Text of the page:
Skip to main content
ARS Home » Pacific West Area » Wapato, Washington » Temperate Tree Fruit and Vegetable Research » Research » Publications at this Location » Publication #354788

Research Project: Systems Approach for Managing Emerging Insect Pests and Insect-Transmitted Pathogens of Potatoes

Location: Temperate Tree Fruit and Vegetable Research

Title: The “morning glory” psyllid? Potato psyllid development on morning glories and bindweed

item KAUR, NAVNEET - University Of Idaho
item RASHED, ARASH - University Of Idaho
item Horton, David
item Cooper, William - Rodney
item BADILLO-VARGAS, ISMAEL - Texas A&M Agricultural Experiment Station
item ESPARZA-DIAZ, GABRIELLA - Texas A&M Agricultural Experiment Station
item JENSEN, ANDREW - Washington State Potato Foundation
item JOHNSON, DANIEL - University Of Lethbridge
item KAWCHUK, LAWRENCE - Agri Food - Canada

Submitted to: Potato Progress
Publication Type: Trade Journal
Publication Acceptance Date: 7/3/2018
Publication Date: 8/1/2018
Citation: Kaur, N., Rashed, A., Horton, D.R., Cooper, W.R., Badillo-Vargas, I., Esparza-Diaz, G., Jensen, A., Johnson, D., Kawchuk, L. 2018. The “morning glory” psyllid? Potato psyllid development on morning glories and bindweed. Potato Progress. 18(11).

Interpretive Summary: Zebra chip, an economically important disease of potato in the United States, is transmitted to potato by the potato psyllid. Researchers at USDA-ARS Wapato in Washington, in collaboration with scientists from University of Idaho, Texas A&M, University of Lethbridge, the Northwest Potato Research Consortium, and Agriculture/Agri-Food Canada have determined that several species of native and ornamental Convolvulaceae support growth and development of potato psyllid. Development rates were reduced to some extent on Convolvulaceae relative to what is seen on the natural host potato. Efforts to monitor potato psyllid in potato growing regions are sometimes complicated by the presence of a specialized psyllid that attacks Convolvulaceae, leading occasionally to mistakes in identifying psyllids. We show several color or structural traits that allow easy separation of species. The rearing trials add to our list of plant species that should be considered to act as potential bridge hosts for potato psyllid in regions lacking agricultural hosts, while our list of diagnostic traits separating potato psyllid and another psyllid will help crop consultants correctly identify a non-pest psyllid that is very commonly encountered in potato growing regions.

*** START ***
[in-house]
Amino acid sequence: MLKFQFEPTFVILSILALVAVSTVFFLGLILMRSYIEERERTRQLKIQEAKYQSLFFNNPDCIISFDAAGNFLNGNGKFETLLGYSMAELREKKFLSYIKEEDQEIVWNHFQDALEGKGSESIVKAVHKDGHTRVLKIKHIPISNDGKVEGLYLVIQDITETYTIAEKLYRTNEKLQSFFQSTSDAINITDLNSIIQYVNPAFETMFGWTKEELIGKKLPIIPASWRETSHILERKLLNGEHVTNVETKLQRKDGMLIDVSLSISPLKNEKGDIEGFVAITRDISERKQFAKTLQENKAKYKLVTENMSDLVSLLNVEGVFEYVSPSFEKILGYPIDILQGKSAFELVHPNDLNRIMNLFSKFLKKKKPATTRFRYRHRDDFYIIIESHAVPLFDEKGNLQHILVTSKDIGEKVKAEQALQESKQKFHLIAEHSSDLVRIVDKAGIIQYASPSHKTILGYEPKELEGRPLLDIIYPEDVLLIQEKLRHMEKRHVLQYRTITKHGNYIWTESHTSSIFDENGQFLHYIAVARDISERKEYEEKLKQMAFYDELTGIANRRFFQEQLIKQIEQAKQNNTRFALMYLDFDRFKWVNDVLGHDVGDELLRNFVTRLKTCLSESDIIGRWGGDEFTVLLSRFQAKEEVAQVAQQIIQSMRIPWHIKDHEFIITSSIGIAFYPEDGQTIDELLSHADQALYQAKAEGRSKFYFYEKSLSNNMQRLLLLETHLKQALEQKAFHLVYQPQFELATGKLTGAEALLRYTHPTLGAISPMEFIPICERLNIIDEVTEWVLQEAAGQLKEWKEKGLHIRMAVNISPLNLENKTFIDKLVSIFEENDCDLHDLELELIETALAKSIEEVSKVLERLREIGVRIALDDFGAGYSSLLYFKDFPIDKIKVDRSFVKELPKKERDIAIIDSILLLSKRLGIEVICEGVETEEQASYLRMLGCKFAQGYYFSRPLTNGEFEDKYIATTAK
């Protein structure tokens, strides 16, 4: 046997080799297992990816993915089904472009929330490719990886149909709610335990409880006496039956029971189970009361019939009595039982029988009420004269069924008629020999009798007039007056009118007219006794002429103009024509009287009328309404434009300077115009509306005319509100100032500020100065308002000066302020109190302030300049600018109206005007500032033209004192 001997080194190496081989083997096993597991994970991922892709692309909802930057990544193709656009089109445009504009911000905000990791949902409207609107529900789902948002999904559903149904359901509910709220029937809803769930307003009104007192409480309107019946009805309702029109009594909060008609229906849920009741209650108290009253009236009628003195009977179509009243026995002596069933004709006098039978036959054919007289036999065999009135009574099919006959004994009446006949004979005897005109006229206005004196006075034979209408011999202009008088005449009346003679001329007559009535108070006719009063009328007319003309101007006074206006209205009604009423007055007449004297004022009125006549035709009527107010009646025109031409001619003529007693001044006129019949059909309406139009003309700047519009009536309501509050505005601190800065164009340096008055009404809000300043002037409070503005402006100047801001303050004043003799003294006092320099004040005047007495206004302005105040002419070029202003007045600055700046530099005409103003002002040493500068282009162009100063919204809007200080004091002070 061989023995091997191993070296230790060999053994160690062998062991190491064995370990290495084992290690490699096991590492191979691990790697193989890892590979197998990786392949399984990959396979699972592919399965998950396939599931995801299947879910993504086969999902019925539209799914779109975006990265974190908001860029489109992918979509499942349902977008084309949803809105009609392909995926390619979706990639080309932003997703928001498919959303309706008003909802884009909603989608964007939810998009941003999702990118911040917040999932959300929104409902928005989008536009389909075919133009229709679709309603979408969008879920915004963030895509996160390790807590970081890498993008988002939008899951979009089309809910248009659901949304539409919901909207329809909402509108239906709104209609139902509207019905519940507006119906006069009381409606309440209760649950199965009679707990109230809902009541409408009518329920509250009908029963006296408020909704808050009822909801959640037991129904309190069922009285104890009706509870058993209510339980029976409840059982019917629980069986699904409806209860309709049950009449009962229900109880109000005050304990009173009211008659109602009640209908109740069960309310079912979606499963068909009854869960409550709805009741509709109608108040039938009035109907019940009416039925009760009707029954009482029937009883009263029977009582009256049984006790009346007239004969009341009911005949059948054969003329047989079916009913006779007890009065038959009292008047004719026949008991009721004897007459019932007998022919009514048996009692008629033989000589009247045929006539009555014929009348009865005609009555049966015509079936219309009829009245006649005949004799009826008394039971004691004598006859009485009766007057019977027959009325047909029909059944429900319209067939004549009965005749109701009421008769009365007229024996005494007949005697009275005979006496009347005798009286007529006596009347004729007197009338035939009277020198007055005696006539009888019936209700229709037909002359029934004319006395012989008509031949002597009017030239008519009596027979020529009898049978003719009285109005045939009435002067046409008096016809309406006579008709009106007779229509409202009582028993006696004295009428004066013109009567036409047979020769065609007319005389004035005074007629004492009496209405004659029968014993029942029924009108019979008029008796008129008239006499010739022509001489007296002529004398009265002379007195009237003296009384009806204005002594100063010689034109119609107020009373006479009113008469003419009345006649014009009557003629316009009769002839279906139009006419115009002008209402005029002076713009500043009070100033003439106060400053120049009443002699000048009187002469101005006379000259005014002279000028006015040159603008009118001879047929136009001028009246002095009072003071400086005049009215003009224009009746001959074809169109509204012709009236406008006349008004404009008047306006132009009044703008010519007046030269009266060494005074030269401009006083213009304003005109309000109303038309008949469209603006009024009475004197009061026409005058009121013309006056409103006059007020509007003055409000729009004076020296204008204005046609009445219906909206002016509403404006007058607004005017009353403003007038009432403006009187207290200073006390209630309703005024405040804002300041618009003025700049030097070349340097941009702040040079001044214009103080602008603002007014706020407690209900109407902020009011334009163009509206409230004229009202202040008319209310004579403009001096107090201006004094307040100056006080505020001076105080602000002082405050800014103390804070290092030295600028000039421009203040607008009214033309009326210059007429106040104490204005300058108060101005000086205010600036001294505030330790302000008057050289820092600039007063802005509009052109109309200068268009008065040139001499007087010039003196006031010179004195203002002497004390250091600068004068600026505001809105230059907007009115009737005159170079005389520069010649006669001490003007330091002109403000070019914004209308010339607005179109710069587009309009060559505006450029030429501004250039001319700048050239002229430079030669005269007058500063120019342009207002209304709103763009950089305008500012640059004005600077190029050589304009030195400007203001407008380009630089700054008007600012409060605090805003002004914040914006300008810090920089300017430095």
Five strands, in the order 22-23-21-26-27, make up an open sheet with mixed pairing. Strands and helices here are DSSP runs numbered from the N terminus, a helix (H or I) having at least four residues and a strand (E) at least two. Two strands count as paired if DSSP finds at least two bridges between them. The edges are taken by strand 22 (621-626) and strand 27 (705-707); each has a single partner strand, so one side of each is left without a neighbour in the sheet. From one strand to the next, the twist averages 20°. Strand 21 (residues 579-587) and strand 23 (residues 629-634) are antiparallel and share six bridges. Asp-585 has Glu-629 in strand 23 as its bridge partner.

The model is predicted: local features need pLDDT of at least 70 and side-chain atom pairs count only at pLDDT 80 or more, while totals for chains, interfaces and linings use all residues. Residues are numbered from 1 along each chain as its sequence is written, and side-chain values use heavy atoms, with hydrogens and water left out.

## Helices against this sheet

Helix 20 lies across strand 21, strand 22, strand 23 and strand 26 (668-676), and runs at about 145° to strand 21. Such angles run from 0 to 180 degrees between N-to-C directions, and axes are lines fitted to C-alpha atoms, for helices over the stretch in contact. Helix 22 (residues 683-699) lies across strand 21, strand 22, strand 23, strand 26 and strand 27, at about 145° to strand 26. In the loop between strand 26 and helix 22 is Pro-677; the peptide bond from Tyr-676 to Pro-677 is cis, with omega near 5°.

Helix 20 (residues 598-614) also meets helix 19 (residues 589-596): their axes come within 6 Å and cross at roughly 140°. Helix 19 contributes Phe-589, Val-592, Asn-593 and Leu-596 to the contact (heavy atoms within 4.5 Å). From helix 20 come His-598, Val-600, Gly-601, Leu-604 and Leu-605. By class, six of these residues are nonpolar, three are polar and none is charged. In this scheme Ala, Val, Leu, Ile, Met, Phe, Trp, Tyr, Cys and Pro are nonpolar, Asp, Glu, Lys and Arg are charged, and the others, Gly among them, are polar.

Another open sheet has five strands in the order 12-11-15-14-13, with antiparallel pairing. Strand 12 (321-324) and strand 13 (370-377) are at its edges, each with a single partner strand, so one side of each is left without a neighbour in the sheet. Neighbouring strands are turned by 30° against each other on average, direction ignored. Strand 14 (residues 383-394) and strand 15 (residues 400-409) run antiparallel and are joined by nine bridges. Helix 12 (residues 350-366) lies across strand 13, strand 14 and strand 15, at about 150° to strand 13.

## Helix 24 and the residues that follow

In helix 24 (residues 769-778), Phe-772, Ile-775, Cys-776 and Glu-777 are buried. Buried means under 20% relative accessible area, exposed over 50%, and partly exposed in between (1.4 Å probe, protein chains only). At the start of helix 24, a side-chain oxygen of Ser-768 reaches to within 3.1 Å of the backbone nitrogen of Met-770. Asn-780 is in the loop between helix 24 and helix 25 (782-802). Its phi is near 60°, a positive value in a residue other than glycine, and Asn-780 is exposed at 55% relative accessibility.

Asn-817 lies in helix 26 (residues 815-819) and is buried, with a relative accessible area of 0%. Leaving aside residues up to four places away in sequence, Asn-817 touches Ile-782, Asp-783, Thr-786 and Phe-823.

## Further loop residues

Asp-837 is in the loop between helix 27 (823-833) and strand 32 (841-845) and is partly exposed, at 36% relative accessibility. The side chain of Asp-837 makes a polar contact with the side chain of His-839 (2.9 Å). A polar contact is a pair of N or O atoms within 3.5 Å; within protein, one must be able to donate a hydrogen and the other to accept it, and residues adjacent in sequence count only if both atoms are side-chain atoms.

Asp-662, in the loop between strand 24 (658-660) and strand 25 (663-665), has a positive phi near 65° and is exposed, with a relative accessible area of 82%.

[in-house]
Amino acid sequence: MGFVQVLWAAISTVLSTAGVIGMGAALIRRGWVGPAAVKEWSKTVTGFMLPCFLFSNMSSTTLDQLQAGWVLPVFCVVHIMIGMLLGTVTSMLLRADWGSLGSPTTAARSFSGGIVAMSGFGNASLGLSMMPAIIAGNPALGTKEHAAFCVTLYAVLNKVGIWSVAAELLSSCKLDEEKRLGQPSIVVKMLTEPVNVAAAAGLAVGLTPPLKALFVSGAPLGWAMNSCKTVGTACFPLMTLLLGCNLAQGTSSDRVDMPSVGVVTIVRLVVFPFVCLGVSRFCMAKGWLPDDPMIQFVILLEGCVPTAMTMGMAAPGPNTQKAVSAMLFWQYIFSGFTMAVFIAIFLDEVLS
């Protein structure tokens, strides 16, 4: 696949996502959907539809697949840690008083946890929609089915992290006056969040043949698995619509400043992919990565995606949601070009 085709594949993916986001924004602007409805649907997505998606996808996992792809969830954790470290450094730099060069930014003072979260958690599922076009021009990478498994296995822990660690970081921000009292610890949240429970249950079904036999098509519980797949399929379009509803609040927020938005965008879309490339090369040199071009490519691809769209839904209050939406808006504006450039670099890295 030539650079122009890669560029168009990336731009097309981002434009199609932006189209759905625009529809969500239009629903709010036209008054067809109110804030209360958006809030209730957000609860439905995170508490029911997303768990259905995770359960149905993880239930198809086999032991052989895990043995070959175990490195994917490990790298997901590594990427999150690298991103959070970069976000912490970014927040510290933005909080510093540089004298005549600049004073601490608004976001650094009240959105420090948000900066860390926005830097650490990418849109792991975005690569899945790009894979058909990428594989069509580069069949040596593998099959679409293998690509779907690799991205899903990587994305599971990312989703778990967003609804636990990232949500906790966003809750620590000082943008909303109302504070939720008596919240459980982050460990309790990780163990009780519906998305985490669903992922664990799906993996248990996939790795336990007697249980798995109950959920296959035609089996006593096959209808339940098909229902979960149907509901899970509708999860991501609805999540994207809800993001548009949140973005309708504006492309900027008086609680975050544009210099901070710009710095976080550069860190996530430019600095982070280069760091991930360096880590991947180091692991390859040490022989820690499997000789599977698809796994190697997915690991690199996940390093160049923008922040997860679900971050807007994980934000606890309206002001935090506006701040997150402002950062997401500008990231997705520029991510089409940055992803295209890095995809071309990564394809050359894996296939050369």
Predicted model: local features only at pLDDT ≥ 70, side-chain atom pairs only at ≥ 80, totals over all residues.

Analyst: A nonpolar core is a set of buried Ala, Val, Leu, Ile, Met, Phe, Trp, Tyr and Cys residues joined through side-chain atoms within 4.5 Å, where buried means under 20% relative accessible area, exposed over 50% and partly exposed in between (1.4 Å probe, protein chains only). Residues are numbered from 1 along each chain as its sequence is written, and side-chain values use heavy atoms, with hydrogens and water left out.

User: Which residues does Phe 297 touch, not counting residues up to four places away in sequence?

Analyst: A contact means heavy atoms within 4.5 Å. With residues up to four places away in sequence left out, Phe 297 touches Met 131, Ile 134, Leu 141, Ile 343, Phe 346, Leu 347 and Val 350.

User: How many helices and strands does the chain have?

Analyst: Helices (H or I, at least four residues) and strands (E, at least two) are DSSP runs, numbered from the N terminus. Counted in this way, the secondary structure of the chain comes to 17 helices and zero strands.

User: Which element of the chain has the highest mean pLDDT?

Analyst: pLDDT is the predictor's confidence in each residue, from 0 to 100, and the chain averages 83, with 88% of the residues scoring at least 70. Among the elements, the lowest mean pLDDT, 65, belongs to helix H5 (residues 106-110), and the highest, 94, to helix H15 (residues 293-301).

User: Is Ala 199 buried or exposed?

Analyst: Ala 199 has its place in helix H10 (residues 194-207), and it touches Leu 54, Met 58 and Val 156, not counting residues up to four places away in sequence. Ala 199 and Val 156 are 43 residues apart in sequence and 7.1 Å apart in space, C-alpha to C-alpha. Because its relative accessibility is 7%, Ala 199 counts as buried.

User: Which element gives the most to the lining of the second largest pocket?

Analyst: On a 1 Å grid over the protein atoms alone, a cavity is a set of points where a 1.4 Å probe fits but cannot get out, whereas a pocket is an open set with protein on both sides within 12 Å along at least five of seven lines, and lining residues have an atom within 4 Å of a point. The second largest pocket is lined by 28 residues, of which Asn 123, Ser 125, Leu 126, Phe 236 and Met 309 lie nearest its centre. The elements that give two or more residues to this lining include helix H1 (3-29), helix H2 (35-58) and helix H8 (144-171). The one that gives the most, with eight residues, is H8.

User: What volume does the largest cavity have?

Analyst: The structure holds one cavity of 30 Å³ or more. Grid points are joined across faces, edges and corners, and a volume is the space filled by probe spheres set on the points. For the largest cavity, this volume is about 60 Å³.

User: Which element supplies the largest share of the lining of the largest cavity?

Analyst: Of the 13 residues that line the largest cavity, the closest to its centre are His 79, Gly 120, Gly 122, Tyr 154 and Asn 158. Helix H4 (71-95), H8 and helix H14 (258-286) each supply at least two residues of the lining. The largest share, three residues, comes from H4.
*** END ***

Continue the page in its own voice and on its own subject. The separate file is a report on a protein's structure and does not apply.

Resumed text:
Technical Abstract: Developmental hosts of potato psyllid, Bactericerea cockerelli (Šulc) (Hemiptera: Psylloidea: Triozidae), include a number of crop and weed species in the Solanaceae. The psyllid has also been shown to develop on two species of Convolvulaceae in two genera (Convolvulus, Ipomoea). This observation is unexpected due to the substantial underrepresentation worldwide of Convolvulaceae as hosts for Psylloidea. We conducted rearing trials with 14 species of Convolvulaceae across four genera to examine whether species of Convolvulaceae other than the two reported in the literature support egg-to-adult development of potato psyllid. Six of those species in two genera (Convolvulus, Ipomoea), including one species previously reported to host the psyllid (Convolvulus arvensis L.), allowed egg-to-adult development. Psyllids failed to complete development on seven other species, including other members of Convolvulus and Ipomoea, as well as species of Calystegia and Turbina. A second species of North American psyllid, Bactericera maculipennis, specializes on Convolvulaceae and is commonly encountered in potato growing regions in association with potato psyllid. This has led to some confusion for pest control consultants and growers as they monitor for arrival of potato psyllid in commercial potato fields. We present several easily observed morphological traits of the two psyllid species that allow easy separation of species.